Also worth reading in this context: Packaging: Food and pharmaceutical packaging on the trail
The German Plastics Museum reports about polymer materials in medical applications




Testing is essential

A look behind the scenes in the pharmaceutical industry: the purpose of medical drugs and the substances they contain is to maintain or improve health and not to make patients ill. There is a risk of this, however, when chemicals or harmful substances from the packaging migrate into the drug or develop directly in the product. It is the pharmaceutical manufacturer’s responsibility to detect such problems at an early stage: in what are known as “extractable studies”, pharmaceutical packaging is investigated to determine migrating and/or leaching chemicals in simulated worst-case scenarios. This involves extraction of undamaged packaging using solvents of varying polarity and high temperatures. The extracts and the analytes they contain are analysed to obtain an insight into what compounds might contaminate the drug. The substances that are classified as critical are, finally determined in “leachable studies” using the pharmaceutical itself and applying validated methods. [1]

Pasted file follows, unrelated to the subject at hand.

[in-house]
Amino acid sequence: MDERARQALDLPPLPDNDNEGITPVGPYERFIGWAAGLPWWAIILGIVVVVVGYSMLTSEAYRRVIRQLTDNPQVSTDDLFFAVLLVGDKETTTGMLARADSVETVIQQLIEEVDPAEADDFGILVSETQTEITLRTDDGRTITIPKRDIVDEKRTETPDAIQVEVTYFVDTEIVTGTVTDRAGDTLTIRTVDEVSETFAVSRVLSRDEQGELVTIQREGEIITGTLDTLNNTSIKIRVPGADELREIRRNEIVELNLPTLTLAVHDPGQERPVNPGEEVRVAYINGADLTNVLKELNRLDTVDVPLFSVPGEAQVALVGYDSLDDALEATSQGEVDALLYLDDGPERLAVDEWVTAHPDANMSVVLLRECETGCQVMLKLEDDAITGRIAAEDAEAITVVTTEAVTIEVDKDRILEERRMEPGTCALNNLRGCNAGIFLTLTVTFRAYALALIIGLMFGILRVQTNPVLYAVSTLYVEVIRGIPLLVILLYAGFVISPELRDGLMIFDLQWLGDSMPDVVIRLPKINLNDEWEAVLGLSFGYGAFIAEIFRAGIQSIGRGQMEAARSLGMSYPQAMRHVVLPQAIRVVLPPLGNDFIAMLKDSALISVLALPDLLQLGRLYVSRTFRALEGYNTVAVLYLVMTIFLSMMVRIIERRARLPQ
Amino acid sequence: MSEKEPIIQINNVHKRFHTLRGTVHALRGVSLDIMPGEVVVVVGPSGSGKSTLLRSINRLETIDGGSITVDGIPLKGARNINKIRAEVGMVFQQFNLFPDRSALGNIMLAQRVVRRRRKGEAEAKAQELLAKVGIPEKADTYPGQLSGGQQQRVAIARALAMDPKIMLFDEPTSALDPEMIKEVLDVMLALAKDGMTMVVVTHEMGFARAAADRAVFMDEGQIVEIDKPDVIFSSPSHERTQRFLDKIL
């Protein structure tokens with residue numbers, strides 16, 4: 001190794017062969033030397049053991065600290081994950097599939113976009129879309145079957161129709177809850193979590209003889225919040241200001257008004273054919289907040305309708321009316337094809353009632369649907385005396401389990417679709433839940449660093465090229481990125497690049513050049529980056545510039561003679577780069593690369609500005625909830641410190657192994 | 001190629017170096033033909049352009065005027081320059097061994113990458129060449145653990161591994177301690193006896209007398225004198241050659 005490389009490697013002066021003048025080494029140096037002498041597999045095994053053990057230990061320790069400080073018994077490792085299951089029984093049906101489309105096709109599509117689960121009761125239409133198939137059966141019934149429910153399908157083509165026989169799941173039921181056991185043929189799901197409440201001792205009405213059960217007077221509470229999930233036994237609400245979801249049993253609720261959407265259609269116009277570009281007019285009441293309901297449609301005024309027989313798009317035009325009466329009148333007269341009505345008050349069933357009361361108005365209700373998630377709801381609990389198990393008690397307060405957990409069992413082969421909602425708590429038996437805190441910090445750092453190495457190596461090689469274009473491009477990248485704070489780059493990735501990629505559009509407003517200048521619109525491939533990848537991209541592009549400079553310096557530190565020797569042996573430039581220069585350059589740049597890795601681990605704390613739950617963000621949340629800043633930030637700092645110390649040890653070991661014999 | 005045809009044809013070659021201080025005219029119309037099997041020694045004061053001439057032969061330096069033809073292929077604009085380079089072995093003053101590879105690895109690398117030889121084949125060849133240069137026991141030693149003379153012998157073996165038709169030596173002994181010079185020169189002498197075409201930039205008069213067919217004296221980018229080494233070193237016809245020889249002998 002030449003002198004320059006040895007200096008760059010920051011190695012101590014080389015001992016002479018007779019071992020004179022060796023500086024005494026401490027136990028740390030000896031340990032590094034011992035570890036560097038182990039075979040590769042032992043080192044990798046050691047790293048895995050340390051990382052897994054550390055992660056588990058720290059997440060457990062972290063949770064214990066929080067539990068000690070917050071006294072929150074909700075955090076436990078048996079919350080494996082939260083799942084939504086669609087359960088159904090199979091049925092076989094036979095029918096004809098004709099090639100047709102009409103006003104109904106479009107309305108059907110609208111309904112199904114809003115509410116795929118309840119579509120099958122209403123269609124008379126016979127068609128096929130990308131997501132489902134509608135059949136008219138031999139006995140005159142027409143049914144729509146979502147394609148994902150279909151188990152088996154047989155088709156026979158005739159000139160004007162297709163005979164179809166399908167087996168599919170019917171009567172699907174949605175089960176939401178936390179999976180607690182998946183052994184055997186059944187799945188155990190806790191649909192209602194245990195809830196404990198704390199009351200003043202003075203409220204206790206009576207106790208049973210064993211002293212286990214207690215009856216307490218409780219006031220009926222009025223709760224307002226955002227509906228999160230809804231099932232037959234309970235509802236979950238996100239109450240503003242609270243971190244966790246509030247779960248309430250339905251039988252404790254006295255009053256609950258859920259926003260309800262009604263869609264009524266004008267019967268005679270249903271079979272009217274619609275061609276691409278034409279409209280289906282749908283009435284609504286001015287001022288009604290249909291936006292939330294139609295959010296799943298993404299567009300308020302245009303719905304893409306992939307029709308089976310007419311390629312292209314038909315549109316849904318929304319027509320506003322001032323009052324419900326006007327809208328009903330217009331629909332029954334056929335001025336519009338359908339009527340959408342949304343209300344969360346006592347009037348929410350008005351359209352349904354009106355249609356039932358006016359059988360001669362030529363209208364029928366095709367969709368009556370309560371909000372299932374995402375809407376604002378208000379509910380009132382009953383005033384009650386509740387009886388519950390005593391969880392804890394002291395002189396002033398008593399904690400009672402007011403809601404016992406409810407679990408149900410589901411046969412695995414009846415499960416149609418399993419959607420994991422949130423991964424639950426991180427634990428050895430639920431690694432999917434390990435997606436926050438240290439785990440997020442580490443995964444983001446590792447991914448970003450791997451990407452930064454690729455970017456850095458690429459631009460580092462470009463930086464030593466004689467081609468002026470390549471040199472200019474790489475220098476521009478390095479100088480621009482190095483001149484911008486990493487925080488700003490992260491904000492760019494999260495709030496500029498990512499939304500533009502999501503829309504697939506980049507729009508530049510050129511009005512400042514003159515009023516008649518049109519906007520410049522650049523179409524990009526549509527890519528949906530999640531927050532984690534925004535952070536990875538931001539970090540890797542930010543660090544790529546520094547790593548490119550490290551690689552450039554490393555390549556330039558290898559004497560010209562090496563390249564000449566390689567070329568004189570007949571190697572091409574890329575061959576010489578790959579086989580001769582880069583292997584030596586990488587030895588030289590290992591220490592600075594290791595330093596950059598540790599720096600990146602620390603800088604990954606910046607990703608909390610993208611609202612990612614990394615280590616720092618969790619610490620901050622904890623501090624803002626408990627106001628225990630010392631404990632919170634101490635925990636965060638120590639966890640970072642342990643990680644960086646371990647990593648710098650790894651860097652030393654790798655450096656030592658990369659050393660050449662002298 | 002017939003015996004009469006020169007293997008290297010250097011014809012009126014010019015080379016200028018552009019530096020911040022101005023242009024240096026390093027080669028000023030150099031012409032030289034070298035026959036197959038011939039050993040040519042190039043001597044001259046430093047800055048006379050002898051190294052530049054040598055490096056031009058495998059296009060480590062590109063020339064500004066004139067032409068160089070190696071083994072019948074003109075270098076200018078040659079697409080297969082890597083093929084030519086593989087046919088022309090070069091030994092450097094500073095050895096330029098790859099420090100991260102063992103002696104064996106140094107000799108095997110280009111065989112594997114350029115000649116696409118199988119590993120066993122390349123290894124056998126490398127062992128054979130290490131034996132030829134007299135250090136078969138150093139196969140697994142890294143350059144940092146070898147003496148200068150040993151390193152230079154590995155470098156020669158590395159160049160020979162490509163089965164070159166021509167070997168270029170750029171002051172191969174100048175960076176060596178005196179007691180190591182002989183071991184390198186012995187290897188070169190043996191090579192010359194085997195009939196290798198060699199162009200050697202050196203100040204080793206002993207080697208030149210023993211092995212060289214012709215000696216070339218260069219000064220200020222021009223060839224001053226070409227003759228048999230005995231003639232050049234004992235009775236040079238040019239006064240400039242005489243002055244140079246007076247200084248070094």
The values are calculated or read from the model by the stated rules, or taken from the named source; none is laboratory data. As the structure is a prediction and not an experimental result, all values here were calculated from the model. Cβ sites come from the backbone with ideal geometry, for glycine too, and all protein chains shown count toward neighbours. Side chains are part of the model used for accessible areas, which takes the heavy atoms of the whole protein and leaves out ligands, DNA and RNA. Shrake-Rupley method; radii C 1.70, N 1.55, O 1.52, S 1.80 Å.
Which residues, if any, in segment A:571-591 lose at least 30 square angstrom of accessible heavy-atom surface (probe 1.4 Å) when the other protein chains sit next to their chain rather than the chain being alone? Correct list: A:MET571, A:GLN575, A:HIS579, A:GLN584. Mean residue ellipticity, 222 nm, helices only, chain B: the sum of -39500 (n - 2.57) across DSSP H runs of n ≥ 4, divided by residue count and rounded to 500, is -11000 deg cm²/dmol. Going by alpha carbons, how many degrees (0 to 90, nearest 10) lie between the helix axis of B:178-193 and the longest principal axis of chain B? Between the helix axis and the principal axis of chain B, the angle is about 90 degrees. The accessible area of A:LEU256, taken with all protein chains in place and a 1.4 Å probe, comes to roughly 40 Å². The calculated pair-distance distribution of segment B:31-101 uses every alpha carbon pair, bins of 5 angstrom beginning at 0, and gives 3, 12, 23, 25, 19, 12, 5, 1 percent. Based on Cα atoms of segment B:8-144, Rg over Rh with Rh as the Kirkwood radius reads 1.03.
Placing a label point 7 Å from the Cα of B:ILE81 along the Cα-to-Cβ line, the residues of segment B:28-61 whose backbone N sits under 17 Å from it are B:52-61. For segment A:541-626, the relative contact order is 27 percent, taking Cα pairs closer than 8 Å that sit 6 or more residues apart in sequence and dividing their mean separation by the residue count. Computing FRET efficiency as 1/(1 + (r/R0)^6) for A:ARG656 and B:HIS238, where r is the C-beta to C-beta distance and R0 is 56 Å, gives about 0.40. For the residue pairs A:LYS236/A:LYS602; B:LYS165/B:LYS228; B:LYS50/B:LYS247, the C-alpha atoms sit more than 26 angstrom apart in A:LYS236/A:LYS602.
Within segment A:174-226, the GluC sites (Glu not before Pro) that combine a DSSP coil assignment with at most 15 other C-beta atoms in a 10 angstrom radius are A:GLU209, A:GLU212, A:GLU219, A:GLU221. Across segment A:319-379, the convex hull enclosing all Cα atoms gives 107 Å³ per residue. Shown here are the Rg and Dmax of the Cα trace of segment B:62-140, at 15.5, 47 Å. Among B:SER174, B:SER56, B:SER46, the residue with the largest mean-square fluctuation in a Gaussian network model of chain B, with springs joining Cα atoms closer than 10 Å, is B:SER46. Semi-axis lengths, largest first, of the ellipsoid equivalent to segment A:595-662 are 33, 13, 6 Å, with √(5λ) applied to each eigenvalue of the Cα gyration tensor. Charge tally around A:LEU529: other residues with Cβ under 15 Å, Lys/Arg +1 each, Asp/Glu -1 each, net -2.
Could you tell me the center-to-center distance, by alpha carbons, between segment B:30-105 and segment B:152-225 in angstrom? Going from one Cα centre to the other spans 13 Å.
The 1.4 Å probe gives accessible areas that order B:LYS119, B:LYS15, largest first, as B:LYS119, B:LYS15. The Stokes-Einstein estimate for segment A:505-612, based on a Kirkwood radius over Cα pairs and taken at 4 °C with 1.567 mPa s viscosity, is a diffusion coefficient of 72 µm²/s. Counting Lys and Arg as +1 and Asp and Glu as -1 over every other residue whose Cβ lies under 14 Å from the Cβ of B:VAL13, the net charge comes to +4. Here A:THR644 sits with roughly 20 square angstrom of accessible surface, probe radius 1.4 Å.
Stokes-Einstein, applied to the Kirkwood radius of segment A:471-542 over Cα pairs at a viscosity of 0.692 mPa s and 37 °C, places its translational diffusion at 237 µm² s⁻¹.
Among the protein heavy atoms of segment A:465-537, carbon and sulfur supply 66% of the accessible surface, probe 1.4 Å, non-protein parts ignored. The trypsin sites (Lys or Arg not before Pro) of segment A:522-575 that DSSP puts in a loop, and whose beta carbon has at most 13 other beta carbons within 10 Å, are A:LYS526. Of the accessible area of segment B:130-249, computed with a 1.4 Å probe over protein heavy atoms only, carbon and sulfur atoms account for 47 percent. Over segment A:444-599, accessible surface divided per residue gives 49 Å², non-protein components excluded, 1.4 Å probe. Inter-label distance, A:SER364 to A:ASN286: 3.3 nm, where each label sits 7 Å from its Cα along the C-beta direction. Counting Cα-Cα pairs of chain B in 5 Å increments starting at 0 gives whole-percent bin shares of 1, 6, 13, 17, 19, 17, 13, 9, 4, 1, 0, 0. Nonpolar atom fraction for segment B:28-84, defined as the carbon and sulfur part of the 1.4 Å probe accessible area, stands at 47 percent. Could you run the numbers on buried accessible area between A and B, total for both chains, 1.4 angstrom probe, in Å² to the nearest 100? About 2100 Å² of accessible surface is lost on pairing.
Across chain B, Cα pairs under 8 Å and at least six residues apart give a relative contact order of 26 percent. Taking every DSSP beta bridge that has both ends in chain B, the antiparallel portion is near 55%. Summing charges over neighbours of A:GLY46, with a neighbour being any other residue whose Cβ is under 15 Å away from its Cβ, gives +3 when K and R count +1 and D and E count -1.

Doctors only started to use plastic on a large scale in the middle of the last century. The potential of plastic has been recognised in the course of time and nowadays it is mainly specially manufactured polymers that are used in medical engineering. Plastics are used today for orthopedic purposes, where they straighten, support, correct and improve or even replace the function of moving body parts. Plastic prostheses or orthoses can replace a body part and take over its main function. [5](photo: istockphoto)